Concert review: Vertical Horizon’s still got it

Paul John Caña

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Concert review: Vertical Horizon’s still got it
The band behind 'Everything You Want' and 'You're a God' was recently in Manila for the third time. How did they fare?

The Newport Performing Arts Theater typically hosts musicals, classical stage performances and even holy mass. It has rarely, if at all, been the venue for any sort of loud rock show. Last June 5 though, alternative rock group Vertical Horizon invaded the theater located at Resorts World Manila. It was the third time the group has been to Manila and the first time they performed in such a swanky setting.

“It’s quite an honor to be playing here in Manila for the third time,” lead vocalist and sole original member Matt Scannell told the crowd. “And in such a beautiful theater, too!”

The two previous times Vertical Horizon played was at the Araneta Coliseum, first as a solo headlining act in 2007, and then with fellow 90s alternative artist Ed Kowalczyk (erstwhile frontman of the now defunct band called Live) in 2012. I was present at both shows not just because I had to cover them as a music columnist but because I am, admittedly, a fan of the band. 

Everything you want

Vertical Horizon is of course, one of the breakout groups of the alternative rock movement of the 1990s. Their contemporaries include Third Eye Blind, Dishwalla and Matchbox 20. While they released a number of independent records early in their career, it was their major label debut, 1999’s Everything You Want that catapulted them to mainstream success. They have since released three more albums, but they are perhaps still best known for their radio friendly hits from their first record, including “You’re A God,” “Best I Ever Had,” and “Everything You Want.”

WE MEET AGAIN. This is the band's third time in the Philippines. Photo courtesy of Resorts World Manila

The nostalgia factor was definitely pronounced at the show last Thursday night. Men and women in their late 20s and early to mid-30s were humming the songs as they filed into the theater before the scheduled 8 pm start of the show. It was a little unsettling at first to remain seated and clap politely when the band nonchalantly walked out onstage; there was the usual audience roar, but it was much tamer than, and not quite as loud as, the typical madhouse rumble at, say, the Big Dome or the Mall of Asia Arena.

Still, when Matt and the rest of the band (Ron LaVella, Donovan White and Jeff Jarvis) started on the first song, “Instamatic,” the crowd was as enthusiastic as any group of people sitting on plush velvet seats in an upscale concert venue could get.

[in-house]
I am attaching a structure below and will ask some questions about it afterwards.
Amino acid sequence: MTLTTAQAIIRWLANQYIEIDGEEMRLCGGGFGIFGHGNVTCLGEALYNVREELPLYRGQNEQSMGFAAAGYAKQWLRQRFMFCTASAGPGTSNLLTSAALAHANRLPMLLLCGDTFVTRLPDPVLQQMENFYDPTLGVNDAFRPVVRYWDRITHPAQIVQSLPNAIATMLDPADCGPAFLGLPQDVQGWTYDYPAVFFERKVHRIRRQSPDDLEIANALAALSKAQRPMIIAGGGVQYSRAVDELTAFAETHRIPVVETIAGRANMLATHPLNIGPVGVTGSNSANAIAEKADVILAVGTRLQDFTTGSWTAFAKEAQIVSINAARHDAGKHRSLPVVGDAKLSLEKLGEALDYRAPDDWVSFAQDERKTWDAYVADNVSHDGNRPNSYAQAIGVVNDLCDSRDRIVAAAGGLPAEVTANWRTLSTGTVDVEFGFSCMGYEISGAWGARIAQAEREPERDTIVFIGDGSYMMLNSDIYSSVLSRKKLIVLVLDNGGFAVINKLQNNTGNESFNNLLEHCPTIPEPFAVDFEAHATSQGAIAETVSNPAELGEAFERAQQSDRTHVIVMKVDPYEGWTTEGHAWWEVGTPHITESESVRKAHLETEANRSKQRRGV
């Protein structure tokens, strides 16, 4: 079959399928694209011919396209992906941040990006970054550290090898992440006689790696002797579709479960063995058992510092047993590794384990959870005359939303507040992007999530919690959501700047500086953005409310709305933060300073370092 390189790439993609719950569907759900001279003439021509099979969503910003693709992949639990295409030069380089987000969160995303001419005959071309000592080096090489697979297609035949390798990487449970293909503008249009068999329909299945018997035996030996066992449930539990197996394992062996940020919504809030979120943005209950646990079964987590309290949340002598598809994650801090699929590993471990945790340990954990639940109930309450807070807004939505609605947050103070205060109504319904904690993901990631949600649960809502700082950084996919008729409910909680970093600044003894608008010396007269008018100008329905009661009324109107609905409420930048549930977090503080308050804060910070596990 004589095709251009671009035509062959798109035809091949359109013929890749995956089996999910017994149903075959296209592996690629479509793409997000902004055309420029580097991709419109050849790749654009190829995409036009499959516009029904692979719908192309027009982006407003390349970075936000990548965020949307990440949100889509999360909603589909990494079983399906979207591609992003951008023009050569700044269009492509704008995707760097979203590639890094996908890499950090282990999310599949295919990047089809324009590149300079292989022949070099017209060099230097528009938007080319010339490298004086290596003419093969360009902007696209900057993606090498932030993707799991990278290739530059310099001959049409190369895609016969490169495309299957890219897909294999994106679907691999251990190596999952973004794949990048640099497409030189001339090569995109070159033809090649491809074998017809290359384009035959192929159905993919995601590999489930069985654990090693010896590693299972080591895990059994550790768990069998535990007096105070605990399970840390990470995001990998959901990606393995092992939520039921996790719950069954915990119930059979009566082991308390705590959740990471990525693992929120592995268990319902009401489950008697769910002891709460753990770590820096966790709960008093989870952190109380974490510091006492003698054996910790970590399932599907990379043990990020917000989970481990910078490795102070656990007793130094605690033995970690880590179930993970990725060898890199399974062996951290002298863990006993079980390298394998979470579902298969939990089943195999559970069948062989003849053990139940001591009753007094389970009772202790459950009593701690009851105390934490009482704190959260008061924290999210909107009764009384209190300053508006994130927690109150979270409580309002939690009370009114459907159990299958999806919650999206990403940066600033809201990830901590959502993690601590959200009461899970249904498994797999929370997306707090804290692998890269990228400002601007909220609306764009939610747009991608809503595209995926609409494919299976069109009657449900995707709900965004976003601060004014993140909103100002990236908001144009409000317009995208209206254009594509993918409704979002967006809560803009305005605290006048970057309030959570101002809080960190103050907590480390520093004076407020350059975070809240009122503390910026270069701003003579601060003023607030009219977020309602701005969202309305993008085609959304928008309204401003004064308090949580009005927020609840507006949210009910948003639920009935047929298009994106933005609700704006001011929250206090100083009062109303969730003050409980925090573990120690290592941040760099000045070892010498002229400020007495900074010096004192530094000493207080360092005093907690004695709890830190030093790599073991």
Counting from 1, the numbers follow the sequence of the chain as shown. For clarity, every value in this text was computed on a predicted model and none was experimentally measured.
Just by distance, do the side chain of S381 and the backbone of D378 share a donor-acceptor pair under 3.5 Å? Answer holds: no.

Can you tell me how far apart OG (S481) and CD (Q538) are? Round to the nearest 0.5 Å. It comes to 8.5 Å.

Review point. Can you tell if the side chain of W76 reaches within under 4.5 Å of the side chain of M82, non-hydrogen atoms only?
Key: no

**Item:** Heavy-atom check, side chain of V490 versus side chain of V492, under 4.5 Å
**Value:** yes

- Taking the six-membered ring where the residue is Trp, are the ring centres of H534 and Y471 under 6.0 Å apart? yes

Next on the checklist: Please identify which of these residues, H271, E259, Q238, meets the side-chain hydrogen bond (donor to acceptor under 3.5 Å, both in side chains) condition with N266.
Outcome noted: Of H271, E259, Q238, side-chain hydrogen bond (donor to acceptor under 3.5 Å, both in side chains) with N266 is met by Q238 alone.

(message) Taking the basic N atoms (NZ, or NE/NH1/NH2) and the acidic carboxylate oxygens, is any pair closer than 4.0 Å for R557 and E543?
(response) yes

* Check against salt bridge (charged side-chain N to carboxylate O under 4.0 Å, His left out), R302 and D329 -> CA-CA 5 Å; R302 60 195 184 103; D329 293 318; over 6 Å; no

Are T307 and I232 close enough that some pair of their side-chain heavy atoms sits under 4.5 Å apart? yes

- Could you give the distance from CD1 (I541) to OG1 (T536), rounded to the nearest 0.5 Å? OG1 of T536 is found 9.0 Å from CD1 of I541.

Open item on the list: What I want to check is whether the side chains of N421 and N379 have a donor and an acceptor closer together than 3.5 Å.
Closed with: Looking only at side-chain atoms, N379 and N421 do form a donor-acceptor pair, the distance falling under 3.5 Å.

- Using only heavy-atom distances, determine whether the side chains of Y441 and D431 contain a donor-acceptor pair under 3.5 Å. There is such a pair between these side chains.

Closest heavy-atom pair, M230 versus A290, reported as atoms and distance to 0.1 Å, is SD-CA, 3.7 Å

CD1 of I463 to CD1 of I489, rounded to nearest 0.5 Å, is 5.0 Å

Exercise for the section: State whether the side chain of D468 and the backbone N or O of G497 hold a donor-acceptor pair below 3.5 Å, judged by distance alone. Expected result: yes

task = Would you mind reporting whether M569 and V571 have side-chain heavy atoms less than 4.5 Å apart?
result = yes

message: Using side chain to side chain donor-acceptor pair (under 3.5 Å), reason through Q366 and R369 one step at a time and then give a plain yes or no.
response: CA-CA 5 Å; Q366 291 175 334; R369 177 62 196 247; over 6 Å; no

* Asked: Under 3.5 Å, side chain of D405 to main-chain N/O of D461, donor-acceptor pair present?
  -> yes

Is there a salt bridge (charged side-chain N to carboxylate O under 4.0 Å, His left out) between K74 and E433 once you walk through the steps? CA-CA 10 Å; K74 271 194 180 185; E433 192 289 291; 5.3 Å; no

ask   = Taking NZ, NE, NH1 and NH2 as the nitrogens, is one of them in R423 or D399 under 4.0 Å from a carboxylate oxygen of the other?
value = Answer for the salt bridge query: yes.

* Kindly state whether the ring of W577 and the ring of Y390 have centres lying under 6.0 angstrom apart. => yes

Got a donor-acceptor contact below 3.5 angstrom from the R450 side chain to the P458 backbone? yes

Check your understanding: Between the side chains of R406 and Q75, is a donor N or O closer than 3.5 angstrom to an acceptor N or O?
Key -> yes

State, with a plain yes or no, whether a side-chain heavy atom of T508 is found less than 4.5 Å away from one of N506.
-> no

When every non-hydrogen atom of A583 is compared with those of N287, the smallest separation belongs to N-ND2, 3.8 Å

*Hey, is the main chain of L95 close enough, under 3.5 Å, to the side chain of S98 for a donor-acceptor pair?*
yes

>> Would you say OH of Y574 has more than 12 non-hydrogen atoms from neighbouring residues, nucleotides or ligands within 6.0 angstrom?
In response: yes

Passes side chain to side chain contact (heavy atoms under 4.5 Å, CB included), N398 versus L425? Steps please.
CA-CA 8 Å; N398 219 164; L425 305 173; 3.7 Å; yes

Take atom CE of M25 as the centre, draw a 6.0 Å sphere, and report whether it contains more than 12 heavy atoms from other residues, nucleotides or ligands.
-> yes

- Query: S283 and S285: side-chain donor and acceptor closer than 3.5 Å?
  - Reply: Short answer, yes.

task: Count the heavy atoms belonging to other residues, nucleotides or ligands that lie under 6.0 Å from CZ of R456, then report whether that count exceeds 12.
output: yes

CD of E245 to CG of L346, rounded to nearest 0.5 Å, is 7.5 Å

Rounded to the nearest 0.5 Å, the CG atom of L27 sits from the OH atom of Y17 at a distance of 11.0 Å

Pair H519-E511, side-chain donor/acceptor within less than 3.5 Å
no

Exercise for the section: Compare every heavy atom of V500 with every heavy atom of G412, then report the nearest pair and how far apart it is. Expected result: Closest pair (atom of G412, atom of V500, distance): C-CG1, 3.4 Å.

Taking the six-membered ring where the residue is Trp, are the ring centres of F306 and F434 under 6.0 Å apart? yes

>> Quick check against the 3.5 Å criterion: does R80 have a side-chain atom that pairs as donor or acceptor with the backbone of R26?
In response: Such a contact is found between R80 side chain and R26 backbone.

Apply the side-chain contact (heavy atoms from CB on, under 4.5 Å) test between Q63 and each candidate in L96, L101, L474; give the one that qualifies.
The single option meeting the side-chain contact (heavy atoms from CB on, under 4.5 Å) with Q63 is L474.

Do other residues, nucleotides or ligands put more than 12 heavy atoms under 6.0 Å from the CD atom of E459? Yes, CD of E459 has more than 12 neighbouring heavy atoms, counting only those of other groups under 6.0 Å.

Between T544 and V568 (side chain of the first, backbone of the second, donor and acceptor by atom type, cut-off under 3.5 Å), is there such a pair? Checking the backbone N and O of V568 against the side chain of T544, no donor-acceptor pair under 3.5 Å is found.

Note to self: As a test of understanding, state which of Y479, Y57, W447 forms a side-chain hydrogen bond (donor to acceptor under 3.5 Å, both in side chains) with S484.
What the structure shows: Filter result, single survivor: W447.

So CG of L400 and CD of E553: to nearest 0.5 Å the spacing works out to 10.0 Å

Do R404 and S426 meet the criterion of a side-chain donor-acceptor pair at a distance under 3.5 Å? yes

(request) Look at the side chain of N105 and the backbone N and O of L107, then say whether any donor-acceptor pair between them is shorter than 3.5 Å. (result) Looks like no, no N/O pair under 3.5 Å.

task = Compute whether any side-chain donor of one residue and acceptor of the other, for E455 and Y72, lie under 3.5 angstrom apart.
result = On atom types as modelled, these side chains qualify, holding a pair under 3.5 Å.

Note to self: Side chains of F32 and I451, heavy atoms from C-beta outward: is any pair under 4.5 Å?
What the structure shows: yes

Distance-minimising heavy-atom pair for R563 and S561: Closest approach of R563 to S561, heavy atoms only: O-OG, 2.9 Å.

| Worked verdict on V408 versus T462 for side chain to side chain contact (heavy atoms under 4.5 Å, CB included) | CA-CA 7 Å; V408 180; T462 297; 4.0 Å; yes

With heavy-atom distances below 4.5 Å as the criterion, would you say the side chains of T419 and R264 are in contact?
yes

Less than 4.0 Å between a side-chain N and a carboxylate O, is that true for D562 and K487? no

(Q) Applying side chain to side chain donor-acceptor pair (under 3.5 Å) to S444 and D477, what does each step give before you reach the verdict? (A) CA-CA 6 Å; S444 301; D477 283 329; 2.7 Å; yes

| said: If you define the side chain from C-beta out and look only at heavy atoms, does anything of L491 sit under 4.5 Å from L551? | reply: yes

The frontman was wearing his usual uniform of fitted black shirt, dark jeans and dark leather boots. He was animated and chatty, often starting a song with an anecdote. “This next song was written when I was living in New York,” he said, to introduce “I’m Still Here.” “I was broke and I couldn’t afford to live there, and one day I got a fever and that’s when I wrote this song. It’s essentially just me wanting Advil.” He asked everyone to stand up, and we all did, but everyone was back in their seats before the song even finished.

Send it up

“At least that song had a story,” Matt said afterwards. “This next song, I’ll admit it now, it really doesn’t mean anything.” He then segued to “Send It Up,” a personal favorite. I had long since suspected that no deep, philosophical meaning can be gleaned from a song with words that go, “I’m alright/By the way/Everyone/Saves the day/Sometimes I feel it/Send It up/Send it up now.” I was right. It’s still a pretty catchy song though. 

Throughout the almost two hour long show, it was evident that Matt thoroughly enjoyed being here in Manila. He told the story of eating lechon (“The pig doesn’t stand a chance!”) and halo-halo (“Wow!”) and seemed genuinely happy at the adoration he received from hardcore fans.

“I love you, too,” he said to a random girl who screamed out her affections for the singer. “When we were just starting out, we wouldn’t even have dared to dream that we could play here in Manila,” to which the reply was resounding applause.


From dedicating the song “Forever” to victims to Typhoon Yolanda, to messing up the words to “Give You Back” as he played solo on the acoustic, Matt endeared himself to the crowd. When he told the story of how he was in his own car when he first heard a song of theirs being played on the radio, almost everyone sighed and rooted for him.

The band’s last studio effort, 2013’s Echoes From The Underground, did not produce any radio hits, but the most ardent fans sang along when the band did two songs off that album, “Lovestruck,” and “Broken Over You.” They finished the regular set with the biggies, “Best I Ever Had” and “Everything You Want,” before teasing the crowd for a bit. They of course returned for the big encore, “You’re A God.”

“We hope to come back soon,” Matt said. “You know what? We will come back.” If it happens, that’ll be the fourth time for Matt and the gang, but for an entire generation of kids weaned on 90s alternative rock, that day could not come any sooner. –

Paul John Caña is the managing editor of Lifestyle Asia magazine and is a live music geek. Email him at or follow him on Twitter @pauljohncana


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